Because we can, does it mean we should?
The debates around ‘Big Data’ continue to gather pace as the world struggles to keep pace with the “digital firehose” that is flooding data into our business and personal lives.
And the flood shows no signs of slowing down. According to EMC, the world’s information is doubling every two years and, by 2020, we will collectively be generating 50 times as much information as we did in 2011.
Big benefits vs legitimate concerns
The benefits are potentially tremendous. Take Google for example, which was built with collaboration, openness and scalability in mind from the outset. Back in 2008, it combined location-based metadata with search queries to create Google Flu Trends – an app that estimates current flu activity around the world in near real-time.
Last month (January 2015) the Canadian province of Manitoba, announced it is using Google Flu Trends to help track the spread of one of the worst flu outbreaks in the country and provide early warning to healthcare providers about when and where an outbreak might occur.
That ability to link together numerous sources to derive datasets that were not previously possible is precisely what is so exciting about big data. Other sectors, such as law enforcement, are using big data-based applications – such as PredPol, which stands for Predictive Policing – to reduce crime.
In the American city of Reading, Pennsylvania, the technology has contributed to a double-digit reduction in the number of burglaries – 23 per cent – despite a double-digit drop in the number of officers on the force!
However, there are also potential pitfalls when big data gets too personal. For example, last month (January 2015), newspapers revealed that drug and insurance companies will soon be able to buy patient information from the UK’s National Health Service. That includes information on mental health conditions and diseases such as cancer, as well as smoking and drinking habits.
Advocates maintain that sharing such data will make medical advances easier and save lives. But, privacy experts warn there will be no way for the public to know who has their medical data, how it will be used, and whether it might expose them to discrimination by insurers or in the workplace.
Taking on big data
Whilst some companies seem to be making headway when it comes to big data, there are still many others facing significant challenges around storing, managing and extracting value from it.
One option for Enterprises is to integrate high performance computing and legacy systems with existing cloud infrastructure (“IaaS”) service providers such as Amazon Web Services (AWS) or Microsoft Azure. Companies colocating within Equinix’s data centers can cross connect to their systems via the Equinix Cloud Exchange.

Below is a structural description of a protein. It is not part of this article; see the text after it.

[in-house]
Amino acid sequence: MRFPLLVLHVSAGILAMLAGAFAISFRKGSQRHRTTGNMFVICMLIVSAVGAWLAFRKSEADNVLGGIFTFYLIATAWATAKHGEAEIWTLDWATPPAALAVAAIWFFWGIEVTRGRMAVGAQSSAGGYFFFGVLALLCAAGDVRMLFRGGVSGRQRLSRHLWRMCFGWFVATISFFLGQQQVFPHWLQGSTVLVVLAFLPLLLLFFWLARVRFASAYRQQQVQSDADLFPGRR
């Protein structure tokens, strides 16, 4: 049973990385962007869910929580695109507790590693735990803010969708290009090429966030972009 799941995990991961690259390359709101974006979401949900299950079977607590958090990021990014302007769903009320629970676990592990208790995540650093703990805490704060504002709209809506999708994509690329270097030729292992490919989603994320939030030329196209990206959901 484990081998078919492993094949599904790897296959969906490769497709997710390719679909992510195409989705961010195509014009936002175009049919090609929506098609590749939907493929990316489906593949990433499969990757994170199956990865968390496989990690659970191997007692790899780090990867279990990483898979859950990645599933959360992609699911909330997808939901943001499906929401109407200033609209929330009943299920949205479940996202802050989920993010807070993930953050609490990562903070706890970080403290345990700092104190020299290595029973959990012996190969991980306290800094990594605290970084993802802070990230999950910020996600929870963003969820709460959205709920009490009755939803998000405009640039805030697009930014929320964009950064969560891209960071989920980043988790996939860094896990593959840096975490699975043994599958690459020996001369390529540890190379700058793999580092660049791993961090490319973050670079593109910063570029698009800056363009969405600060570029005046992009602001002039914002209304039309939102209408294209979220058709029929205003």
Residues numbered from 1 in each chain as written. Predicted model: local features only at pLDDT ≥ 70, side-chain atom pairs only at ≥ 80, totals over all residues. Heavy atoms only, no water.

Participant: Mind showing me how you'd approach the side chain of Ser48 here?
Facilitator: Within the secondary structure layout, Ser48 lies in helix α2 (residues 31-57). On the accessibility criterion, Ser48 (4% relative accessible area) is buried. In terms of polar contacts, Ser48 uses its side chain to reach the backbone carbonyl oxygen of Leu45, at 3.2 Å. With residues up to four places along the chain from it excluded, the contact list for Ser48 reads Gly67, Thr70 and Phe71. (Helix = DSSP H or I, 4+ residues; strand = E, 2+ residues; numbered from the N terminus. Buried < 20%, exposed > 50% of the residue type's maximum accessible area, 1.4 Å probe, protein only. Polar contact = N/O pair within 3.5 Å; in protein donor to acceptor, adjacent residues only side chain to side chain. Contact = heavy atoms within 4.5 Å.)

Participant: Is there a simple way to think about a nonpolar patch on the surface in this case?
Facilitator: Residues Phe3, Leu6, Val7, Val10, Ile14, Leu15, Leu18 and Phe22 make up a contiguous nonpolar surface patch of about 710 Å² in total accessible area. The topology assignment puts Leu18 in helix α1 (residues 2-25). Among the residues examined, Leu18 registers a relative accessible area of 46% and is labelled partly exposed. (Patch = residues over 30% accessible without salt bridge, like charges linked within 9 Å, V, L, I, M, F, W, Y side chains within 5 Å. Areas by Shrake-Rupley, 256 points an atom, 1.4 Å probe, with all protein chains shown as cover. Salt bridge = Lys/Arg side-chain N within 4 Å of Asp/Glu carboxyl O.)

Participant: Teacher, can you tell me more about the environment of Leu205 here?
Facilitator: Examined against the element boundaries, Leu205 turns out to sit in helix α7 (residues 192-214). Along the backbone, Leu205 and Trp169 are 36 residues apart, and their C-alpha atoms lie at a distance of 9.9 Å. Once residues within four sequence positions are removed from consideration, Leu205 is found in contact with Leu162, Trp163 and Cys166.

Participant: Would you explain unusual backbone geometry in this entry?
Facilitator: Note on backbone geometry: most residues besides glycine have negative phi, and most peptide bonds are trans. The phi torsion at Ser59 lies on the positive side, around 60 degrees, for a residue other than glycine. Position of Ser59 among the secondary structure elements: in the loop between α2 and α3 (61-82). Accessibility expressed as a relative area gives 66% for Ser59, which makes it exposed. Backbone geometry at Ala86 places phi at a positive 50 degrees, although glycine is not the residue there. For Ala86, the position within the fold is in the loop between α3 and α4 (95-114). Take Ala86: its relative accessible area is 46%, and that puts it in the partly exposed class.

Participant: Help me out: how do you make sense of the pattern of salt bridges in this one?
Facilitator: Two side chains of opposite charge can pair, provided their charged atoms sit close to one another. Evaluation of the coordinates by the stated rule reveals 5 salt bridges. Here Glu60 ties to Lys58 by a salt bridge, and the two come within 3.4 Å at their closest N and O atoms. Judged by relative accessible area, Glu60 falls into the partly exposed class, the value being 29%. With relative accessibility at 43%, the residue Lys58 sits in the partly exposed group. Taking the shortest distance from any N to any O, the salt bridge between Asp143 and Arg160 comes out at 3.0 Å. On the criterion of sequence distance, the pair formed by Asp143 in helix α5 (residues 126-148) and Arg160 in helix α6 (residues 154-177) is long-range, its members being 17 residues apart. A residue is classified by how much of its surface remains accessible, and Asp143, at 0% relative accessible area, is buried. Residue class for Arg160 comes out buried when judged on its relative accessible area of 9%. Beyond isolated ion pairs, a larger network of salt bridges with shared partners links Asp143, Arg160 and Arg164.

Moving large datasets around requires massive amounts of bandwidth and analyzing on site datasets calls for low-latency connections. Furthermore, fluctuation in performance found on the Internet can lead to application performance problems and outages. And many datasets contain sensitive data that should not be transmitted over public networks.
Direct, private access to public cloud providers through Equinix completely bypasses the public Internet, which mitigates reliability and privacy concerns.
The IT industry has long recognized the critical importance of following standards. Indeed, Equinix has set more than a few standards and industry best practices of our own when it comes to creating a global network of world-class data centres and providing customers in virtually every industry with services they can rely on.
Accordingly, another big challenge posed by the big data explosion is that when, it comes to ethics, the standards still haven’t been defined. That has raised concerns, with experts warning companies that they must consider the ramifications of how they use data. i.e. Just because something can be done, doesn’t necessarily mean it should be.
US technology companies and advertisers have been seeking access to the data generated by sensors in ‘connected cars’, although carmakers have so far all behaved ethically and respected their customers’ privacy by politely declining requests to share data with those businesses.
But, whether you are talking about cars or any other IoT information issue, in many places legislation is still catching up with developments. That means that companies will have to face the ethical burden themselves. The following points offer a good place to start.
1) Ensure there are suitable controls to monitor storage and access to confidential data:
- Apply encryption where necessary
- Store in a manner that safeguards anonymity where required
- Take steps to ensure that only the required data fields are stored
2. Make time upfront to discuss privacy and ethics matters. Don’t just tack it onto the end of an already packed agenda:
- Nurture a culture of accountability in your organisation
3. Where the legislation is still trailing technological capabilities, use your company’s code of ethics to assess whether the use case is appropriate:
- Test this against your own moral judgement as a final check.
- For example think, would our customers find what we are doing invaluable or unnerving?
4. Communicate with your customers and explain your policies using human language, early on and often:
- This transparency will pay dividends in terms of confidence and goodwill
In short, until we have a commonly accepted set of standards, our primary concern should not be “can we do this”, but “should we do this?”